To measure metabolite profiles in TB patients compared to healthy people, 20 blood samples from each group were analysed by MS. Using a highly standardized platform we could measure 59 small amine-containing compounds. The normalized data sets showed a significant separation of the metabolite profiles of the patient and control group using Partial Least Squares Discriminant Analysis (PLSDA) (Fig. 1A). Using a false discovery rate cut-off value of 0.05 we could classify 31 of the 59 identified small amine-containing compounds as associated with the TB disease state (Fig. 1B, Supplementary Table S2). There were 26 metabolites showing significantly lower abundance in patients compared to healthy individuals (Fig. 1B). Only a few metabolites, namely putrescine, methionine sulfoxide, aspartic acid and glutamic acid, were increased in patients compared to controls (Fig. 1B). Considering the relatively large number of metabolites of which the levels were significantly affected, the data suggest a drastic metabolic reprogramming in TB patients. For 8 of these metabolites it was previously shown that they were biomarkers for TB, namely methionine, glutamine, threonine, tryptophan, histidine, citrulline, cysteine and homoserine3,11,16. Antibiotic treatment for 6 weeks did not have a major effect on separation of the metabolic profiles of TB patients from the control group although minor effects were observed (Supplementary Fig. S1). Some markers appeared to be responding in an anti-correlated fashion compared to published TB cohorts studies, such as lowered level of phenylalanine (Fig. 1B) that was shown to be increased in patients in the study of Weiner et al.3 and Vrieling et al.13. However, in a study of a TB patient cohort from South Africa, also a decreased level of phenylalanine was reported compared to the control group30.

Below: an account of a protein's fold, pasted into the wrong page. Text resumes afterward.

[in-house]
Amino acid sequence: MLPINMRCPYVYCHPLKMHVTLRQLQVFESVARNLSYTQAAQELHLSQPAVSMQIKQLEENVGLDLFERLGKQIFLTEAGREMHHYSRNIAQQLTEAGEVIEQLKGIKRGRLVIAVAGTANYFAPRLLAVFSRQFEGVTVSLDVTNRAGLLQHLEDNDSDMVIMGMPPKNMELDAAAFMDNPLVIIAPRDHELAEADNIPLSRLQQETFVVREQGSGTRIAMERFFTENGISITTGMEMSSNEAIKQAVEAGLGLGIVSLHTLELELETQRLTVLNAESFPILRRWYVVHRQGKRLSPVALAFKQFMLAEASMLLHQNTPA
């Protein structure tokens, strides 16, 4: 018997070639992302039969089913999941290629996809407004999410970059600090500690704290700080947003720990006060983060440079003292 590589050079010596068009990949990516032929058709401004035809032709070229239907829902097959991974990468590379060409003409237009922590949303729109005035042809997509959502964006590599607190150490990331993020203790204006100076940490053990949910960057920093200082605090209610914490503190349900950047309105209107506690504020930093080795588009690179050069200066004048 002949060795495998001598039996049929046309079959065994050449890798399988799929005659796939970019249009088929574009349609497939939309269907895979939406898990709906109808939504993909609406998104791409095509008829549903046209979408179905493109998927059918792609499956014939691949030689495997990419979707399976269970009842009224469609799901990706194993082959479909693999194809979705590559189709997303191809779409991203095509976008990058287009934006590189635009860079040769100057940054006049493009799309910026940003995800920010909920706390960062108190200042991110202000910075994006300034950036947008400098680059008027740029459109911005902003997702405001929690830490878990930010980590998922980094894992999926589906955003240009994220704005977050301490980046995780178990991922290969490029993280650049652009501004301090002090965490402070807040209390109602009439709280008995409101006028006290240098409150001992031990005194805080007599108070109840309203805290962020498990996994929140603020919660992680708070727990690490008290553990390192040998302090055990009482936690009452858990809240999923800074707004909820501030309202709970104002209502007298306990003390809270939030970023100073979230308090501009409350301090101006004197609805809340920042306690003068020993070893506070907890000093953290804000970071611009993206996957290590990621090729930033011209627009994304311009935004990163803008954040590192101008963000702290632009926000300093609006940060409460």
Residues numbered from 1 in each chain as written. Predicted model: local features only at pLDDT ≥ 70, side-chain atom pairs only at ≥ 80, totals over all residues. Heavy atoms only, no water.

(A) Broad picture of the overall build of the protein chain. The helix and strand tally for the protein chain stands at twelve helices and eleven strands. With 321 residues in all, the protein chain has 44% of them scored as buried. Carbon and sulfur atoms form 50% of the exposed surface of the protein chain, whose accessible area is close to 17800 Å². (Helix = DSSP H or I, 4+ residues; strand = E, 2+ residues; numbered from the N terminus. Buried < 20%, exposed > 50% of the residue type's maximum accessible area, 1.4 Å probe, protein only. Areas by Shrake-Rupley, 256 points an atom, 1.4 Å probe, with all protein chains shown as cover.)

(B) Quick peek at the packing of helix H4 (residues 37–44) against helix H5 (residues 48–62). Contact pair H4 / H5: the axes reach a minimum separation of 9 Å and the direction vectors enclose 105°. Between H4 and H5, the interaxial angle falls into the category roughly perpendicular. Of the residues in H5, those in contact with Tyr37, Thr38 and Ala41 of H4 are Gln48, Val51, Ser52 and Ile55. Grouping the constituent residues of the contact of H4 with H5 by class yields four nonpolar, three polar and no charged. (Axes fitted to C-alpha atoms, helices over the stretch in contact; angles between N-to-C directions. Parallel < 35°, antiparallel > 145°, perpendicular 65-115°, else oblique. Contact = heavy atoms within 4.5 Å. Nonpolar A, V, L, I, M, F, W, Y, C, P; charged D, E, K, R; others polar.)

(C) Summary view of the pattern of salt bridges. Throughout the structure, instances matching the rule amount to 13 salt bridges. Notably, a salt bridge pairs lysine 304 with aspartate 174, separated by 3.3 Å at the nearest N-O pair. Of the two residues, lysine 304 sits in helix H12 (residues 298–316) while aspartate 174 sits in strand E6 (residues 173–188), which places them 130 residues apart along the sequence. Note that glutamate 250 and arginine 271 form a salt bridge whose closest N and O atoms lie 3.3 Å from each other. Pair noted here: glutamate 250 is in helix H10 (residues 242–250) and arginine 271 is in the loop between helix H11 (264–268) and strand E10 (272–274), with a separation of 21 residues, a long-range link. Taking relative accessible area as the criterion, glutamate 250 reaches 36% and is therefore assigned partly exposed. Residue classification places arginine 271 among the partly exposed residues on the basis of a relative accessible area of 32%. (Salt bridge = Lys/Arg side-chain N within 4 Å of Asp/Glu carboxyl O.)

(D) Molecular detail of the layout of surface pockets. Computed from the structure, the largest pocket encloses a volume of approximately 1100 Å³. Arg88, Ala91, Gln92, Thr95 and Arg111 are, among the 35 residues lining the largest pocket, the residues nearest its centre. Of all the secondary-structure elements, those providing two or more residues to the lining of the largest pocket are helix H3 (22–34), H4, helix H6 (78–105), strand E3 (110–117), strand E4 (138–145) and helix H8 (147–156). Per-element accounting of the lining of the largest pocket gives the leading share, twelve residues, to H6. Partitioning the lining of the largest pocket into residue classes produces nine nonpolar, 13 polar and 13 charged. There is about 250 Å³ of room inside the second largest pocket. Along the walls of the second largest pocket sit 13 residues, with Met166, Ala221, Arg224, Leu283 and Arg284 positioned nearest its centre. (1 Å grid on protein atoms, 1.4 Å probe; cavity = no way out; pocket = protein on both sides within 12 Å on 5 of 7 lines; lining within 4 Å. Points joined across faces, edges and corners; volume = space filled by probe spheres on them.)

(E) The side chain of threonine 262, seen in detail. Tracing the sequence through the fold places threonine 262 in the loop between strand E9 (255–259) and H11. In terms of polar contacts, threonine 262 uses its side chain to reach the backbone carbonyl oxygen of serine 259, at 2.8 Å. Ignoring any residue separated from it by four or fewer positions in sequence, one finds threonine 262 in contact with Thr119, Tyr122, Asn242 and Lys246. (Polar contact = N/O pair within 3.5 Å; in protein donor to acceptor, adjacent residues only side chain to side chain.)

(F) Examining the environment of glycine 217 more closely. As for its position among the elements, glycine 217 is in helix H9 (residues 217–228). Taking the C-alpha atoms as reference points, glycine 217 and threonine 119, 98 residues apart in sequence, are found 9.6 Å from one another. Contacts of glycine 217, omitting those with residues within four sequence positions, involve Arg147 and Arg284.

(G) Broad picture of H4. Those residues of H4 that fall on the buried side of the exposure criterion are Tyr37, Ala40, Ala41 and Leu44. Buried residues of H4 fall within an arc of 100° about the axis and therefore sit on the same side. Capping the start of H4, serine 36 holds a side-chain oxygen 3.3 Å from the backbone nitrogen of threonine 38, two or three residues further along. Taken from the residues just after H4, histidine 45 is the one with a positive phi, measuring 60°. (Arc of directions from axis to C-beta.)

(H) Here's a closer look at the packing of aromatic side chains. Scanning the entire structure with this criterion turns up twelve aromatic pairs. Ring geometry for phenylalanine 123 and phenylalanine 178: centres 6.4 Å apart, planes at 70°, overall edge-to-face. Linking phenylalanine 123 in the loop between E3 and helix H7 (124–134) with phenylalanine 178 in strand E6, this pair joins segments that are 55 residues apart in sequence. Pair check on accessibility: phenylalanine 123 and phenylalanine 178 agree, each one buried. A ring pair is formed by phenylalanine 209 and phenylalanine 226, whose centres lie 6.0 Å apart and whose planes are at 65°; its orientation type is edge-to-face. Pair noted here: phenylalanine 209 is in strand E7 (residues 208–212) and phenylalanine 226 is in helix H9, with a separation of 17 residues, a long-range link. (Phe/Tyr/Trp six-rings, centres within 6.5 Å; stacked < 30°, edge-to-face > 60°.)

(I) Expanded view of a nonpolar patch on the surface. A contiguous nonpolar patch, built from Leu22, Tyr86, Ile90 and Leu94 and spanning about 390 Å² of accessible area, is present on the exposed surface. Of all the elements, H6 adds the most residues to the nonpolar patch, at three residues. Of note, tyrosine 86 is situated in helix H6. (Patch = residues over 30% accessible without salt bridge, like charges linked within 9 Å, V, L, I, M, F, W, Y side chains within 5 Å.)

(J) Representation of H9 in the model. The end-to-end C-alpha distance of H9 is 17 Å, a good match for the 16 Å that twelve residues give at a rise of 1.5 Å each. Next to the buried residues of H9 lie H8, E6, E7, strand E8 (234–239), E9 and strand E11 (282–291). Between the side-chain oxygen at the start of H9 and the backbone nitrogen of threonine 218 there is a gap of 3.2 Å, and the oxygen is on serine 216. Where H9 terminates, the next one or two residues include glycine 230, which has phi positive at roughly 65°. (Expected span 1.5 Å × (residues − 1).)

Metabolite profiles of Mtb infected mice measured by mass spectrometry